PACSIN2 appears to recruit dynamin-2 for caveola fission, because fewer caveolin-1 spots containing dynamin-2 were detected in PACSIN2 siRNA cells, and the PACSIN2-induced tubules were antagonized by dynamin-2 (Fig. 5 and supplementary material Fig. S9). Elongated tubules that contained caveolin-1 were observed in the PACSIN2 siRNA cells (Fig. 4). Because PACSIN2 was knocked down, the elongated tubules were probably formed by proteins other than PACSIN2 in the absence of a sufficient amount of dynamin. Caveolin-1 reportedly binds directly to dynamin (Yao et al., 2005). Thus, an insufficient amount of dynamin-2 might induce deeper invaginations without membrane scission.
The PACSIN2 F-BAR domain binds to negatively charged phosphatidylserine at the plasma membrane. Phosphatidylinositol-4,5-bisphosphate [PtdIns(4,5)P2] is also negatively charged, and facilitates the membrane binding of the PACSIN2 F-BAR domain (Dharmalingam et al., 2009). Interestingly, PtdIns(4,5)P2 is enriched in caveolae (Fujita et al., 2009). In addition, the Eps15-homology-domain containing (EHD) protein, which also possesses membrane-deformation ability, reportedly binds to the Asn-Pro-Phe (NPF) motif of PACSIN2 (Braun et al., 2005; Xu et al., 2004). The EHD proteins are highly conserved eukaryotic ATPases that are implicated in caveolae formation, clathrin-independent endocytosis and recycling from endosomes, and they have membrane-tubulation ability (Daumke et al., 2007; Verma et al., 2010). An EHD protein bound to caveolae might cooperate with PACSIN2 in caveola biogenesis or caveola-mediated endocytosis. In addition, EHD proteins are present in PTRF/cavin-1-rich fractions (Aboulaich et al., 2004). Thus, the EHD proteins might function as bridges between cavins and PACSIN2.
Cavins are believed to facilitate the membrane shape formation of caveolae, by suppressing the formation of caveolin-1-localized long tubules (Hansen et al., 2009; Hill et al., 2008; McMahon et al., 2009; Verma et al., 2010). The limited participation of PTRF in the tubulation induced by the PACSIN2 F-BAR domain appears to be consistent with this inhibition of tubulation by PTRF (supplementary material Fig. S4E).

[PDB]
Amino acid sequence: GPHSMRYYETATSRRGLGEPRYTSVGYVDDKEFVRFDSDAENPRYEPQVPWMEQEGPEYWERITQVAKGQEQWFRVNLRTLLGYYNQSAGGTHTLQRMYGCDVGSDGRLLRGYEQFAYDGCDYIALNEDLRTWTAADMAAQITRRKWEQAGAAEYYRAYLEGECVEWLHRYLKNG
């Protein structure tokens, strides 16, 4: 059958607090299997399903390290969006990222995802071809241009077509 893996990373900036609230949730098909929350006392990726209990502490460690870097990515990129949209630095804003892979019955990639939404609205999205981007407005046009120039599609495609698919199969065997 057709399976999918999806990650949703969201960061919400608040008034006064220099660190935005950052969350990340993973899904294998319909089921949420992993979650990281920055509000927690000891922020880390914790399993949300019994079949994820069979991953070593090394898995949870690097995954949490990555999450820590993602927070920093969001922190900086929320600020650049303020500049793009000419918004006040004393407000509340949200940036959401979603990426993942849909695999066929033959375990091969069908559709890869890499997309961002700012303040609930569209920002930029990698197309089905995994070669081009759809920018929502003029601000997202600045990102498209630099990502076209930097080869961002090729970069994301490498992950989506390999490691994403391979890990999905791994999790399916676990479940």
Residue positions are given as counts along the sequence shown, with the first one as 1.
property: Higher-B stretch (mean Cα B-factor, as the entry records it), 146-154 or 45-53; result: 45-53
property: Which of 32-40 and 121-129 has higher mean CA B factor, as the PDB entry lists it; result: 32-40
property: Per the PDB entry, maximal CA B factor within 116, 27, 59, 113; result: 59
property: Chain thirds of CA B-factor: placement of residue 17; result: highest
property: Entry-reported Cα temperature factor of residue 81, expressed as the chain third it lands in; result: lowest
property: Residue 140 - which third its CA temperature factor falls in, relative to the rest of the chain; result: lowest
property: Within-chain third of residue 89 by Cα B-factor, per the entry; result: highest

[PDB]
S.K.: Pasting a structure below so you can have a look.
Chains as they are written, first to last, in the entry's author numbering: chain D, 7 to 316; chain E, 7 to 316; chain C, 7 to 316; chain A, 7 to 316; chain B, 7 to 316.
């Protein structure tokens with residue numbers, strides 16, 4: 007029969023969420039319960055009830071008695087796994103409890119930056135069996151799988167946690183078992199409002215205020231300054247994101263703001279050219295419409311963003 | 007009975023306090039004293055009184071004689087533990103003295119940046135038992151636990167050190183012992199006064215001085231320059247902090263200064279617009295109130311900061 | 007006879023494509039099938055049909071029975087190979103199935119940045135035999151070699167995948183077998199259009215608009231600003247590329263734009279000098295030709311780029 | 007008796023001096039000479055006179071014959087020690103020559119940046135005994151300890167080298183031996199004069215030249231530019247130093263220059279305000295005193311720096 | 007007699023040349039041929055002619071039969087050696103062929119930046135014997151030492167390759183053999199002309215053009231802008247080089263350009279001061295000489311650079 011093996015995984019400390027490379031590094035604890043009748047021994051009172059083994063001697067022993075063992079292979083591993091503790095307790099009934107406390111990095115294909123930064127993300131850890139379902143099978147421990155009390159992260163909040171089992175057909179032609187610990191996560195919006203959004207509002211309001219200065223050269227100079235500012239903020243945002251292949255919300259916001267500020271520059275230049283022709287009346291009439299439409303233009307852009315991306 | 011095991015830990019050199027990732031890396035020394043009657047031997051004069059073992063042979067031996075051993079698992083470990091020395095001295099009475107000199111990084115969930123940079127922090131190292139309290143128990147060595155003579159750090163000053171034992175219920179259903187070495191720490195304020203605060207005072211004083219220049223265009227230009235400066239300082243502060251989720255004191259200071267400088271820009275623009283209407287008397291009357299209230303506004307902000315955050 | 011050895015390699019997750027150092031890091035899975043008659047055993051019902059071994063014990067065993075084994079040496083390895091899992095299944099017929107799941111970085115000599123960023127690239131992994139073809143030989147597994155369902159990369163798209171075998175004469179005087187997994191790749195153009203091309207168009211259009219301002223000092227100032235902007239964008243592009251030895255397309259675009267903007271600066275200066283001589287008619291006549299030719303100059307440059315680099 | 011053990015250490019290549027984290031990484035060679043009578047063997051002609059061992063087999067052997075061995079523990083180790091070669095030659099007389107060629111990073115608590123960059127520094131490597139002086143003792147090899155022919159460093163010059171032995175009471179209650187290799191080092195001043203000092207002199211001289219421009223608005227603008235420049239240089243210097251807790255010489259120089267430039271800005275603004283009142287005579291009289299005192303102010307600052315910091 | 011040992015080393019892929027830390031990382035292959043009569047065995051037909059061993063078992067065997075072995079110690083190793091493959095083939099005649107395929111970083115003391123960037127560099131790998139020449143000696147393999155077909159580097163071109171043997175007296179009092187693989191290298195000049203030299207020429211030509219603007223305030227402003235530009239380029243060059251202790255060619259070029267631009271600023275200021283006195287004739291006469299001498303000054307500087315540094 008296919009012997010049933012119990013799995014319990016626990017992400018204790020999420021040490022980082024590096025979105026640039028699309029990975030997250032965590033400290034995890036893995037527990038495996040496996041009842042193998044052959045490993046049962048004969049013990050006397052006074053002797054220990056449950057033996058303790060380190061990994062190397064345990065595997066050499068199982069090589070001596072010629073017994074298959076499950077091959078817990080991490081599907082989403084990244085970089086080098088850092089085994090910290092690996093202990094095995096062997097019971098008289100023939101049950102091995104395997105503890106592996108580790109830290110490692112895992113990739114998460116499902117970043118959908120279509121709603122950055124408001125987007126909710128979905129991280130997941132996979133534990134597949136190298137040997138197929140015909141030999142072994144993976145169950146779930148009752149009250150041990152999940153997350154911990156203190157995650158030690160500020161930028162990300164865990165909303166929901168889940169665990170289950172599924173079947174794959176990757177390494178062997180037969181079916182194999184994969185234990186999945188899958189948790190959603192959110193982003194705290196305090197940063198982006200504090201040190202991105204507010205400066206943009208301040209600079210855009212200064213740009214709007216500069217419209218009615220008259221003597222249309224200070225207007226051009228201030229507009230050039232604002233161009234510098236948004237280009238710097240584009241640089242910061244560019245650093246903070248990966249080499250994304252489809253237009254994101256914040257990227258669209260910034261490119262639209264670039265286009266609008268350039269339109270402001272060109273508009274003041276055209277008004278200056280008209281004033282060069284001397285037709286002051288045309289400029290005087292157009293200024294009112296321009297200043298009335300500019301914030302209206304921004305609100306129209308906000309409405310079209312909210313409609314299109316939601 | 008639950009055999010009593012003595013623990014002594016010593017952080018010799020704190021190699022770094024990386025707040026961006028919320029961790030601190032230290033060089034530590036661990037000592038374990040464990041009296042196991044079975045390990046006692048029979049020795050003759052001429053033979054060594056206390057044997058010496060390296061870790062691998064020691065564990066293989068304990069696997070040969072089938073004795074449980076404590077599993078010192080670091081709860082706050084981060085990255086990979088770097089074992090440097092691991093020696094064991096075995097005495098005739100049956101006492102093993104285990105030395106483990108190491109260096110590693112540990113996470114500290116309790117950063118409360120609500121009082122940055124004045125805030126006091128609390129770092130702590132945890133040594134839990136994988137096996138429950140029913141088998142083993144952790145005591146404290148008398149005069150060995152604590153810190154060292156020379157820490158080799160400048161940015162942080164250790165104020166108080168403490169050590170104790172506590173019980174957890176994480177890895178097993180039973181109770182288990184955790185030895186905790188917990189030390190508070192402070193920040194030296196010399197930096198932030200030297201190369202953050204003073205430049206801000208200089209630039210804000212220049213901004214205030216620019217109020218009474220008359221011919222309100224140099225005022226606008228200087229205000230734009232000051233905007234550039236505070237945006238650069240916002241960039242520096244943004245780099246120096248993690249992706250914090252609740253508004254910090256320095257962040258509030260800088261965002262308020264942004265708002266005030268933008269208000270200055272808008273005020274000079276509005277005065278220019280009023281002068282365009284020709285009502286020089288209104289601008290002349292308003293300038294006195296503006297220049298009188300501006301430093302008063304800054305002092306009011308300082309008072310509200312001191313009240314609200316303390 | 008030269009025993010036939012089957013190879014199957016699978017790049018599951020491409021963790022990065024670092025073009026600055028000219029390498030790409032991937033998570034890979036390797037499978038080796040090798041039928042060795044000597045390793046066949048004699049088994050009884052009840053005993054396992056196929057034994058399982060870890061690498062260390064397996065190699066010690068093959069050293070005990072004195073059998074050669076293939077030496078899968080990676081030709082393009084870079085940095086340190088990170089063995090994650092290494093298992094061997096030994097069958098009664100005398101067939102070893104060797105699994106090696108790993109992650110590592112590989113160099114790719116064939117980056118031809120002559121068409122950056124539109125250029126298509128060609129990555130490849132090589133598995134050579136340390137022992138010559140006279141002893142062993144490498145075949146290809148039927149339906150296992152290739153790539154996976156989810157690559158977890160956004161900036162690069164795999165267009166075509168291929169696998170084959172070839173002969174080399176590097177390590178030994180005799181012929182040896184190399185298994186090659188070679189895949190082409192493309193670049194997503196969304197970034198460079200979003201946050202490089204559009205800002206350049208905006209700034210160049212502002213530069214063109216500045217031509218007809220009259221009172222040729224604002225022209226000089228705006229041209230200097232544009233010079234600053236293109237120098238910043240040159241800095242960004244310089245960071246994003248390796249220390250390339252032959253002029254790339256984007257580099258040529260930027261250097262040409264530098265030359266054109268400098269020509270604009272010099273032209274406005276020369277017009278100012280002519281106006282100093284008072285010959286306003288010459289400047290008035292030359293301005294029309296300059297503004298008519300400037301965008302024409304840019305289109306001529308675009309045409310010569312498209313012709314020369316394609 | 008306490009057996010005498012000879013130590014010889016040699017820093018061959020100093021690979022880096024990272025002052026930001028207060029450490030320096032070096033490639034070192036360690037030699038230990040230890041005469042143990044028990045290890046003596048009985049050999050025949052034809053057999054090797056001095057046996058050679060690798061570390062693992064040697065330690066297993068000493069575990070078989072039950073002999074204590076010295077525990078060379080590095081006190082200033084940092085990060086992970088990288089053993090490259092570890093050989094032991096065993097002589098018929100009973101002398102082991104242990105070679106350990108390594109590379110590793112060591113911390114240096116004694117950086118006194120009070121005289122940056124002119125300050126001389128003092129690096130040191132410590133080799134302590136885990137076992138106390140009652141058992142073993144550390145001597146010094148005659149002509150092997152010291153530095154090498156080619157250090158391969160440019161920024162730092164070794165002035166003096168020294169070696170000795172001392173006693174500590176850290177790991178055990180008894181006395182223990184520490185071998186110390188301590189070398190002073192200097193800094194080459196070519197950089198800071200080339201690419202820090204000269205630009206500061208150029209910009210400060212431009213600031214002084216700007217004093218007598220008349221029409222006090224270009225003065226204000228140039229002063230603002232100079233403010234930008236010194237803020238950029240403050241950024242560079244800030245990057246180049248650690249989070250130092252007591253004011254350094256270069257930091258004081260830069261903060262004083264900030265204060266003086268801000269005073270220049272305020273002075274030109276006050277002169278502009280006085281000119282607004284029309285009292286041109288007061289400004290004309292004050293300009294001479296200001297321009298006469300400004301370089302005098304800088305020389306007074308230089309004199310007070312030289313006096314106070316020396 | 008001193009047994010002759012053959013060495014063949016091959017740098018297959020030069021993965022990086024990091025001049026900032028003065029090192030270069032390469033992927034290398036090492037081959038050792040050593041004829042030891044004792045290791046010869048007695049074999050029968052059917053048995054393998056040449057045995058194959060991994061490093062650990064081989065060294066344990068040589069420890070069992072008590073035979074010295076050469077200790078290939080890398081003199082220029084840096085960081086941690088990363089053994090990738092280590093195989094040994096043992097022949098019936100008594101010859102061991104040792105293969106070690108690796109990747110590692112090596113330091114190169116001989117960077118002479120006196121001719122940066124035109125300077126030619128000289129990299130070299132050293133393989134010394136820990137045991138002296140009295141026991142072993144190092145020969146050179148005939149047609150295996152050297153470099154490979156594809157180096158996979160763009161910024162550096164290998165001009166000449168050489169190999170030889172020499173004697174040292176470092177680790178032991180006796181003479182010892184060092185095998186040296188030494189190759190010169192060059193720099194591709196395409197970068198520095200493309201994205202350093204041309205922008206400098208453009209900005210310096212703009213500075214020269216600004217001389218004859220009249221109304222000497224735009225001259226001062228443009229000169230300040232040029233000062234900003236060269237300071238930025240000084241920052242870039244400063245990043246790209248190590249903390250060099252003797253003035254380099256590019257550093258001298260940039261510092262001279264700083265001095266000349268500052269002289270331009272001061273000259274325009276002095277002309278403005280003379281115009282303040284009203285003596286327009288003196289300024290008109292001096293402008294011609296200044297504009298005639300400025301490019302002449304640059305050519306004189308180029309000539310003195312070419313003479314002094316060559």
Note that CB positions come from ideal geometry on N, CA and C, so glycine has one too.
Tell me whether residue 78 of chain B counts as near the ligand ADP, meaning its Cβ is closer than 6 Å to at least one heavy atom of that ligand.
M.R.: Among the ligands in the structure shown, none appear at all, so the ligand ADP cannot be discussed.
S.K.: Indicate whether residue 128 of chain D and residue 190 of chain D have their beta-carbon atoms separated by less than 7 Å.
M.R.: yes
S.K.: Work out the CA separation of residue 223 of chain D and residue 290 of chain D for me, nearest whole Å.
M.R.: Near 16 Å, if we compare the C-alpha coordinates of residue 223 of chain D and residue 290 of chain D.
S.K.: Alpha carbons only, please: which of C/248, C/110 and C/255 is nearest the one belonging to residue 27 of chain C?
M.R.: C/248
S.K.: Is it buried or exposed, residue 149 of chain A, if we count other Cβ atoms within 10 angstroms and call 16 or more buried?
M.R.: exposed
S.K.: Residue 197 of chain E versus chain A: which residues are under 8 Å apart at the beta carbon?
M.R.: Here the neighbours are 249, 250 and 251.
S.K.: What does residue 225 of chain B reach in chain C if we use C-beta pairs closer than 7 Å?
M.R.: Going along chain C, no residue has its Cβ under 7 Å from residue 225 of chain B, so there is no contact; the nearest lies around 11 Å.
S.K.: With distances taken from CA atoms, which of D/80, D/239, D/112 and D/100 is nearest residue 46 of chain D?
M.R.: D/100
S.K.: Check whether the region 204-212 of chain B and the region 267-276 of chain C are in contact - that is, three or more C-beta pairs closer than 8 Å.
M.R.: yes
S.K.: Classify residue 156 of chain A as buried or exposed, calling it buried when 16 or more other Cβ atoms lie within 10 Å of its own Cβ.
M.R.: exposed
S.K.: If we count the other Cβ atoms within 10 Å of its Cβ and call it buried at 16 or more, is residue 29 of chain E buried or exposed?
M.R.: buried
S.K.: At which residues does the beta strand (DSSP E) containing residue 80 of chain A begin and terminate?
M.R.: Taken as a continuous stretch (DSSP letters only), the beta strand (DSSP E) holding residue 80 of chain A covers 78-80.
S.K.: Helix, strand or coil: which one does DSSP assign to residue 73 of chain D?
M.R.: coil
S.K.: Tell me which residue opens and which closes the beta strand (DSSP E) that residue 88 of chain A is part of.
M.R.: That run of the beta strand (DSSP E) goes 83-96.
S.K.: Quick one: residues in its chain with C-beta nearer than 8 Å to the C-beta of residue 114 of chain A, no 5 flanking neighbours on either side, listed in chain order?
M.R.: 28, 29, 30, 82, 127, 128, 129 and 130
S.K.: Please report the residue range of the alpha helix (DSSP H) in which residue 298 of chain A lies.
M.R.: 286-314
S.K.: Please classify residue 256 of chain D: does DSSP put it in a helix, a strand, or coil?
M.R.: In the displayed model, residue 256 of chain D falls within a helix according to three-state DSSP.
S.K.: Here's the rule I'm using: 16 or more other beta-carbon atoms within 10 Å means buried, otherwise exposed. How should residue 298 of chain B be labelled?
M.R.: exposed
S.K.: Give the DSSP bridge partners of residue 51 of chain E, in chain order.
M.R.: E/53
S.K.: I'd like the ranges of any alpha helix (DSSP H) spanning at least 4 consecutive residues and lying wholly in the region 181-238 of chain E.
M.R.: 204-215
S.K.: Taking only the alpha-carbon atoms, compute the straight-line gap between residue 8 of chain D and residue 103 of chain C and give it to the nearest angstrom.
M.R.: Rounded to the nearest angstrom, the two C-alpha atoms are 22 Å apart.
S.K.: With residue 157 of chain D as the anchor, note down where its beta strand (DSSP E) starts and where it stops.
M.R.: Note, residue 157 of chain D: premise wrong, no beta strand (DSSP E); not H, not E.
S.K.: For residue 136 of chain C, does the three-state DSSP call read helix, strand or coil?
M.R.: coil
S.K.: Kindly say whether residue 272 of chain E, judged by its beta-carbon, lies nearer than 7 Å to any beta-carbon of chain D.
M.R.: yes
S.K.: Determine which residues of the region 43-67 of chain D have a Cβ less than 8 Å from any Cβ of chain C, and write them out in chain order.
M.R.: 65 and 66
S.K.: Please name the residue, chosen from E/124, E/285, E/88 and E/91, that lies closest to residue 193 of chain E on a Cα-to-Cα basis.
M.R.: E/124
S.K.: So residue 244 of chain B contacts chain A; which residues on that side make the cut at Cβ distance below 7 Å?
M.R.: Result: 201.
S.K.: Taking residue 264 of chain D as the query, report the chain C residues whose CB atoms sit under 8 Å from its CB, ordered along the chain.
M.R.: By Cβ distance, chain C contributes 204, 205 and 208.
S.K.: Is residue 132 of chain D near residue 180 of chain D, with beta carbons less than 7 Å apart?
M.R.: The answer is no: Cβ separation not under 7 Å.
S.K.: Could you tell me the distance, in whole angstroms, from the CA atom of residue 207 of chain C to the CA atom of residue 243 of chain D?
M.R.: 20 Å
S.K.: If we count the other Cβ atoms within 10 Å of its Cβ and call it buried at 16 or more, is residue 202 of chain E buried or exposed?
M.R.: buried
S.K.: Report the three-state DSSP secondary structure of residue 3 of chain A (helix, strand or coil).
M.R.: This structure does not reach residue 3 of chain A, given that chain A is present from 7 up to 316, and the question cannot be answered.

PACSIN2 was first identified as a casein kinase and protein kinase C (PKC) substrate (Plomann et al., 1998), and PKC is enriched at caveolae (Smart et al., 1995). This might also provide a key to regulate the caveola invagination mediated by PACSIN2. The detailed time course of the recruitment of these proteins should be examined in the future, to clarify the regulation of caveola formation.
Our present results reveal that the PACSIN2 F-BAR domain protein induces membrane tubulation for caveola sculpting and fission. In addition, caveolin-1 was found to regulate the sculpting ability of PACSIN2. Caveolae constitute platforms for various receptors, channels, and signal transduction. PACSIN2 therefore appears to be a fundamental protein that is involved in cellular homeostasis and disease (e.g. in generation of tumors), through the regulation of caveolae. Interestingly, the PACSIN3 F-BAR domain was associated with caveolin, whereas the PACSIN1 F-BAR domain was not. The different affinities of the PACSIN/Syndapin paralogs to caveolin-1 might reflect the tissue-specific variations of caveolae function.
Materials and Methods
Recombinant proteins and pull-down assays
Glutathione S-transferase (GST)–PACSIN2 (mouse), GST–PACSIN2 F-BAR domain (EFCL; aa 1–339 and EFCS aa 1–306), GST–SH3 domain (aa 301–486 or aa 387–486), GST–PACSIN1 F-BAR domain (mouse) (aa 1–306), GST–PACSIN3 F-BAR domain (mouse) (aa 1–306) and GST–caveolin-1 fragments (mouse) (amino acids 1–100, 61–100, and 137–179) were expressed in Escherichia coli, as described previously (Shimada et al., 2010). GST was removed by PreScission Protease (GE Healthcare). Dynamin-1 proline-rich peptide, RSPTSSPTPQRRAPAVPPARPG, was from Bex (Tokyo, Japan). Pull-down assays with the indicated fragments were performed in buffer [20 mM Tris-HCl, pH 7.5, 150 mM NaCl, 1 mM phenylmethylsulfonyl fluoride (PMSF), 10% glycerol, and 5 mM ethylenediaminetetraacetic acid (EDTA)] containing 2% Triton X-100 and the indicated protein concentrations. The purified proteins and glutathione Sepharose beads were mixed in the buffer for 1 hr at 4°C. After washing, the bound proteins were visualized by western blotting or Coomassie Brilliant Blue (CBB) staining after sodium dodecyl sulfate polyacrylamide gel electrophoresis (SDS-PAGE). EFCL was used as the PACSIN2 F-BAR domain for all of the assays, except for the comparison with PACSIN1–PACSIN3 (Fig. 3D).
Liposome preparation, co-sedimentation assay and tubulation assay